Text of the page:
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    Can blood pressure decrease after maximal exercise test predict the blood pressure lowering effect of aerobic training in treated hypertensive men?

    Azevêdo, LM, Brito, LCD, Peçanha, T, Fecchio, RY, Rezende, RA, da Silva, GV, Pio-Abreu, A, Mion Junior, D, Halliwill, JR and Forjaz, CLDM (2023) Can blood pressure decrease after maximal exercise test predict the blood pressure lowering effect of aerobic training in treated hypertensive men? Journal of Human Hypertension. ISSN 0950-9240

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    Abstract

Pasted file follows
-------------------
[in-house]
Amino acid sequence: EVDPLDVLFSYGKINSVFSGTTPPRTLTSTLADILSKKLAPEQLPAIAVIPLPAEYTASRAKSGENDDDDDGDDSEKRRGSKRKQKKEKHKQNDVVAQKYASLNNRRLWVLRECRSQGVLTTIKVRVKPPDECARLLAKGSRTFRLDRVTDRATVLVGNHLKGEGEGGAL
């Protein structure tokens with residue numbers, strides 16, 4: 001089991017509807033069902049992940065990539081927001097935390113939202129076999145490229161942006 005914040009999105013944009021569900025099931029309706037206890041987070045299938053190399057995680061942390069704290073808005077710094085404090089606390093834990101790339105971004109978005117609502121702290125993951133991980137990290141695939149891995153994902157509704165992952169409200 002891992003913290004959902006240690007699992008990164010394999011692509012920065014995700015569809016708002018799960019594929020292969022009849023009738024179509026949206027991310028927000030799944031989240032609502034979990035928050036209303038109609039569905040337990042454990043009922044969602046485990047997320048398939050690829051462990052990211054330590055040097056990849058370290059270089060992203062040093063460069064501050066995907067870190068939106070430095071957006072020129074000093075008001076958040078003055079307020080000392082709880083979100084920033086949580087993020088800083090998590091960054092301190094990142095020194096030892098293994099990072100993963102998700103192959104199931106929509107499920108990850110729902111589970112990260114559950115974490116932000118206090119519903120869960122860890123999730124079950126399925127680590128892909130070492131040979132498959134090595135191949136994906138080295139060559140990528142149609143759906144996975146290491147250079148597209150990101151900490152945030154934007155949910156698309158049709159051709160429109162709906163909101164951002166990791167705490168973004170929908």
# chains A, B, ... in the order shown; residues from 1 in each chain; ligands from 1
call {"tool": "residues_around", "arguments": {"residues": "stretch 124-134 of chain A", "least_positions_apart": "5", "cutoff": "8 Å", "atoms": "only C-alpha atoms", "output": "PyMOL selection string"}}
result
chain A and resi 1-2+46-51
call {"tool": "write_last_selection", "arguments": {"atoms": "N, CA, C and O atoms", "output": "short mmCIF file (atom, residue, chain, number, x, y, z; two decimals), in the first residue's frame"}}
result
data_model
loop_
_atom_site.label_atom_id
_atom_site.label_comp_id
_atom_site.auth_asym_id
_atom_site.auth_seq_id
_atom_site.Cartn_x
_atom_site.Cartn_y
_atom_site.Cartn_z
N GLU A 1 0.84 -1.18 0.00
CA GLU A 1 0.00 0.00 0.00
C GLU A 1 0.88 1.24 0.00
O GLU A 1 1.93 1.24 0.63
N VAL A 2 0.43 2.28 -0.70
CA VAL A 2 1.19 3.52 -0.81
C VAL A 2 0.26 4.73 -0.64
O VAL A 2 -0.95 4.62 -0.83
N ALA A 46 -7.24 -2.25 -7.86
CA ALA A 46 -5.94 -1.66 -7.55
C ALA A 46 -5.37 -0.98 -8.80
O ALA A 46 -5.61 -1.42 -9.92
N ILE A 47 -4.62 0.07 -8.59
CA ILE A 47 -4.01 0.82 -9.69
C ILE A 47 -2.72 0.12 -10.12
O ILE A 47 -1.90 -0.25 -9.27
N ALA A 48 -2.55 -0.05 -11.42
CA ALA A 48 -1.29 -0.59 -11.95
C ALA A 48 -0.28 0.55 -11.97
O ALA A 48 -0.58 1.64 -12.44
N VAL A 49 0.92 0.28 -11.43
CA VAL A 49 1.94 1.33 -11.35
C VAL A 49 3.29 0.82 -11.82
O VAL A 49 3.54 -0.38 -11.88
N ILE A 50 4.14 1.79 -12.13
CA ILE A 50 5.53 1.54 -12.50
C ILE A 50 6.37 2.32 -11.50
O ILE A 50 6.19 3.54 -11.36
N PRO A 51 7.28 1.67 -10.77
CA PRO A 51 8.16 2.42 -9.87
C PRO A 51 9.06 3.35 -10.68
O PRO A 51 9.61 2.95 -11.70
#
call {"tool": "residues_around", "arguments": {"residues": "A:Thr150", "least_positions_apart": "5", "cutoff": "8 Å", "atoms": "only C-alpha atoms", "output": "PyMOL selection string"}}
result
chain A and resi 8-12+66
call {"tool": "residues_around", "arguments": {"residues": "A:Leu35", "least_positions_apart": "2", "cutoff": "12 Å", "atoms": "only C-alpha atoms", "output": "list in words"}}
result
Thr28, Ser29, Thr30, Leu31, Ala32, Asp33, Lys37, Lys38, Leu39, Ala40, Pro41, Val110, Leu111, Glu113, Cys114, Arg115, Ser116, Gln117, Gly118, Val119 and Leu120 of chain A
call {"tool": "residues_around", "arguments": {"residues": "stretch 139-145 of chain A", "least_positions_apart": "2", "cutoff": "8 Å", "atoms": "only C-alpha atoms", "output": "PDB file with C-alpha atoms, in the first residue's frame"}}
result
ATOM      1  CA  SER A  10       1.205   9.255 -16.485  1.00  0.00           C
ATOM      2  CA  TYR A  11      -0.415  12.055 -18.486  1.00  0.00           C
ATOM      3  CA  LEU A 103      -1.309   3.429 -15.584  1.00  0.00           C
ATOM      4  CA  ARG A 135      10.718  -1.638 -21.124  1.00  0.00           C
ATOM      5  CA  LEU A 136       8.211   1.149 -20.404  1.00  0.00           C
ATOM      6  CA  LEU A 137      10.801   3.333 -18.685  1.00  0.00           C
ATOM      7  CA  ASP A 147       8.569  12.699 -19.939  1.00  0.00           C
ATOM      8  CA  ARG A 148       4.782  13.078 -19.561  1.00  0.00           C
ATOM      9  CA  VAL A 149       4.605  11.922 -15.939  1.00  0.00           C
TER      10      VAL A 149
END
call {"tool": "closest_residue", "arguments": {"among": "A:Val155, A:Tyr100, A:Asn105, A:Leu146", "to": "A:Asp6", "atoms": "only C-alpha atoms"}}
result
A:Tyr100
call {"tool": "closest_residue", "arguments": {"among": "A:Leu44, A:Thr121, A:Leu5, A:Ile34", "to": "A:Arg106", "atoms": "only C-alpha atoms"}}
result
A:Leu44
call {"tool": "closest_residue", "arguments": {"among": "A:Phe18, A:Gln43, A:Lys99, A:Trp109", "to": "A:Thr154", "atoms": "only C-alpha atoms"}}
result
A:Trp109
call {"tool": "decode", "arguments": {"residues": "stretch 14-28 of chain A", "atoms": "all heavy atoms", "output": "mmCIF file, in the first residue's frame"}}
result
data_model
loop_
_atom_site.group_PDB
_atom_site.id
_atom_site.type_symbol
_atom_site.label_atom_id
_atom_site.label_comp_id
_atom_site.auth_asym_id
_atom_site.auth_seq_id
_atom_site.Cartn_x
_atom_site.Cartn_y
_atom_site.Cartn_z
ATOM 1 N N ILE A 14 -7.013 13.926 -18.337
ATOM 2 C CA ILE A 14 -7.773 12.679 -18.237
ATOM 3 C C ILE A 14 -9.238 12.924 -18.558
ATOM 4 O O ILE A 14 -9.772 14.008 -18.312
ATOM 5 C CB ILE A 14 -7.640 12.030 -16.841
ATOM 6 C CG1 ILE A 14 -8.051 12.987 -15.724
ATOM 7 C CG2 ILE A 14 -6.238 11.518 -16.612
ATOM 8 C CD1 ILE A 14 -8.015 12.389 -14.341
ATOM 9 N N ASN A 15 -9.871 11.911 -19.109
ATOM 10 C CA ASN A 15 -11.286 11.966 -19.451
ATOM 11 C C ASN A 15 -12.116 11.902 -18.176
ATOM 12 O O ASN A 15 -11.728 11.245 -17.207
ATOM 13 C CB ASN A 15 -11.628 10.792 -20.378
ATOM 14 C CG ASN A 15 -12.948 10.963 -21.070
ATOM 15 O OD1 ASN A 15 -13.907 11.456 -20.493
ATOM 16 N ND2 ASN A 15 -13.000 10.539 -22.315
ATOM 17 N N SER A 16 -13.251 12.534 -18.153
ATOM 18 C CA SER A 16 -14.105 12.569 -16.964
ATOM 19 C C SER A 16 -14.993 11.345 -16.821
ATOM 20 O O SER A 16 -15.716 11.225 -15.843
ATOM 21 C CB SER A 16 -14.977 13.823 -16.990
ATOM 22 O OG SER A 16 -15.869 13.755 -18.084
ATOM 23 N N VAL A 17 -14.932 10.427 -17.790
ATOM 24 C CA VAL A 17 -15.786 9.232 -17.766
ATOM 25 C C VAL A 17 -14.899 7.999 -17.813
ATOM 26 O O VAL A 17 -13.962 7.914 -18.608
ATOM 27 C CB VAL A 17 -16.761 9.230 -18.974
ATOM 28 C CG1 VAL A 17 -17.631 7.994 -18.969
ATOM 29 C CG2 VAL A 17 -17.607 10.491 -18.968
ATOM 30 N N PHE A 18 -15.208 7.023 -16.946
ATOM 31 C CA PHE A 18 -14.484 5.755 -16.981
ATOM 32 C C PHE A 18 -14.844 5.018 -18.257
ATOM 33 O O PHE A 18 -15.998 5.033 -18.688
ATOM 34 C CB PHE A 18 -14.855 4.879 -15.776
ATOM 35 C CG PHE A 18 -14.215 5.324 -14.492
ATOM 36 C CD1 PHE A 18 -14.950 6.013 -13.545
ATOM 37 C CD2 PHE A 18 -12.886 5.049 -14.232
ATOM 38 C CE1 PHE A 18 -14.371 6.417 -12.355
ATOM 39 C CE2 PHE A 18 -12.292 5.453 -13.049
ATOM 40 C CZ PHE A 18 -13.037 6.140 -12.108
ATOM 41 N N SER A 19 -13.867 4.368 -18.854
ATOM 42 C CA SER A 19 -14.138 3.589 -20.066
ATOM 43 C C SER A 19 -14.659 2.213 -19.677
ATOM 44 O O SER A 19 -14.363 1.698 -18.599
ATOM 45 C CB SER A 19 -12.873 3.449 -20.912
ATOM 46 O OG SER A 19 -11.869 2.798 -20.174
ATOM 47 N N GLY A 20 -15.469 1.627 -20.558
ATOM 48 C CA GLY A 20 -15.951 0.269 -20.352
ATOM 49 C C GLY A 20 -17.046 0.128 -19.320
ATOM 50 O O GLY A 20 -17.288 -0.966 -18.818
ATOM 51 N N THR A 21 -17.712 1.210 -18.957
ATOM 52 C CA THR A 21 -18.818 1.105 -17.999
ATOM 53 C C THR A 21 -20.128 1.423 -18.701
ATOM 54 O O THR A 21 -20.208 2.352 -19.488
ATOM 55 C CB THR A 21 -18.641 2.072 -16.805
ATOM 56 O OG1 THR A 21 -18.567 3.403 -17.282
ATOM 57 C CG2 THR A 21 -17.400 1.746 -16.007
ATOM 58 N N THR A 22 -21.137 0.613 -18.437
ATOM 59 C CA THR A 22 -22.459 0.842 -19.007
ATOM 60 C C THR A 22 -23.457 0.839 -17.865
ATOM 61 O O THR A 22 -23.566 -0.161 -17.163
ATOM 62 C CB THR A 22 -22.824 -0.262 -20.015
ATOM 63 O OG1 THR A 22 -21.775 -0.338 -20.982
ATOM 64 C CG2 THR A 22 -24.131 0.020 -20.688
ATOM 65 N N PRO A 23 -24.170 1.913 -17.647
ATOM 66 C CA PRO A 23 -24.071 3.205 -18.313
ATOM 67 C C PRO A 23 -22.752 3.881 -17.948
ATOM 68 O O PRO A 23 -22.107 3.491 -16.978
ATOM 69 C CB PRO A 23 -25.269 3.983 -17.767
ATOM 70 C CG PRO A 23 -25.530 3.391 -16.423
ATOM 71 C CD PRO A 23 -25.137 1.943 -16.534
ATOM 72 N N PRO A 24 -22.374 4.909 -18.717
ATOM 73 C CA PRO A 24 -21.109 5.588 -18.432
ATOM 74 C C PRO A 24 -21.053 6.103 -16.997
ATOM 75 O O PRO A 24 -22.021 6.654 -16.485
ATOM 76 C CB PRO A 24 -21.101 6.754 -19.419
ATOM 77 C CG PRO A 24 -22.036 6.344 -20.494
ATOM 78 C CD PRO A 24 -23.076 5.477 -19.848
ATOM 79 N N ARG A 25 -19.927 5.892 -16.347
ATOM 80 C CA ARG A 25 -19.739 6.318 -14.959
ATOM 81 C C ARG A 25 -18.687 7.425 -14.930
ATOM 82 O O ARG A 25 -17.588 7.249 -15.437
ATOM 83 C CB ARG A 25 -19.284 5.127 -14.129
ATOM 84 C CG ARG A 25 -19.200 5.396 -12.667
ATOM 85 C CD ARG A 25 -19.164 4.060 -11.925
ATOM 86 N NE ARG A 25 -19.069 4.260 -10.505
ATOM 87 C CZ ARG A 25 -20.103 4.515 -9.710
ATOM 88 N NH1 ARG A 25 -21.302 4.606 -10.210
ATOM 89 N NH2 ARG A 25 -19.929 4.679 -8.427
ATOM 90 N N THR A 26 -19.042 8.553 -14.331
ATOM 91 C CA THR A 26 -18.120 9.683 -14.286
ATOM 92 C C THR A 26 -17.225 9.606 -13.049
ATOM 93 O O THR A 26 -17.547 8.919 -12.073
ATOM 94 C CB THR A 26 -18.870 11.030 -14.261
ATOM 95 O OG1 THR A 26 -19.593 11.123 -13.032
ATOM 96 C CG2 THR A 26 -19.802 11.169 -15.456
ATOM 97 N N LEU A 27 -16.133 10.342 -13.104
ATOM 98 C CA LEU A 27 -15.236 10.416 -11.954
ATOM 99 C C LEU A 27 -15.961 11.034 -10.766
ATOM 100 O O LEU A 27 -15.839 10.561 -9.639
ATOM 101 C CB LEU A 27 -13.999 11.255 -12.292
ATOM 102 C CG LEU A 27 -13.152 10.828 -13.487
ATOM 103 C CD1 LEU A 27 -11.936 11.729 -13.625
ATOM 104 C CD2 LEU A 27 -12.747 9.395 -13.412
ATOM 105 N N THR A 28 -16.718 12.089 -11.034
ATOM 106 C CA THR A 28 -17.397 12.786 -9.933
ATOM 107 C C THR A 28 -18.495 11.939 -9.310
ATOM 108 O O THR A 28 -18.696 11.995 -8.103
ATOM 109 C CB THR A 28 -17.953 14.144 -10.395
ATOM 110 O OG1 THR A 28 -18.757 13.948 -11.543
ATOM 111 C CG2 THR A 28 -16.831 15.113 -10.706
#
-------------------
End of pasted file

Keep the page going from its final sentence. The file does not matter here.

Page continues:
The acute decrease in blood pressure (BP) observed after a session of exercise (called post-exercise hypotension) has been proposed as a tool to predict the chronic reduction in BP induced by aerobic training. Therefore, this study investigated whether post-exercise hypotension observed after a maximal exercise test is associated to the BP-lowering effect of aerobic training in treated hypertensives. Thirty hypertensive men (50 ± 8 years) who were under consistent anti-hypertensive treatment underwent a maximal exercise test (15 watts/min until exhaustion), and post-exercise hypotension was determined by the difference between BP measured before and at 30 min after the test. Subsequently, the patients underwent 10 weeks of aerobic training (3 times/week, 45 min/session at moderate intensity), and the BP-lowering effect of training was assessed by the difference in BP measured before and after the training period. Pearson correlations were employed to evaluate the associations. Post-maximal exercise test hypotension was observed for systolic and mean BPs (−8 ± 6 and −2 ± 4 mmHg, all P < 0.05). Aerobic training reduced clinic systolic/diastolic BPs (−5 ± 6/−2 ± 3 mmHg, both P < 0.05) as well as awake and 24 h mean BPs (−2 ± 6 and −2 ± 5 mmHg, all P < 0.05). No significant correlation was detected between post-exercise hypotension and the BP-lowering effect of training either for clinic or ambulatory BPs (r values ranging from 0.00 to 0.32, all p > 0.05). Post-exercise hypotension assessed 30 min after a maximal exercise test cannot be used to predict the BP-lowering effect of aerobic training in treated hypertensive men.

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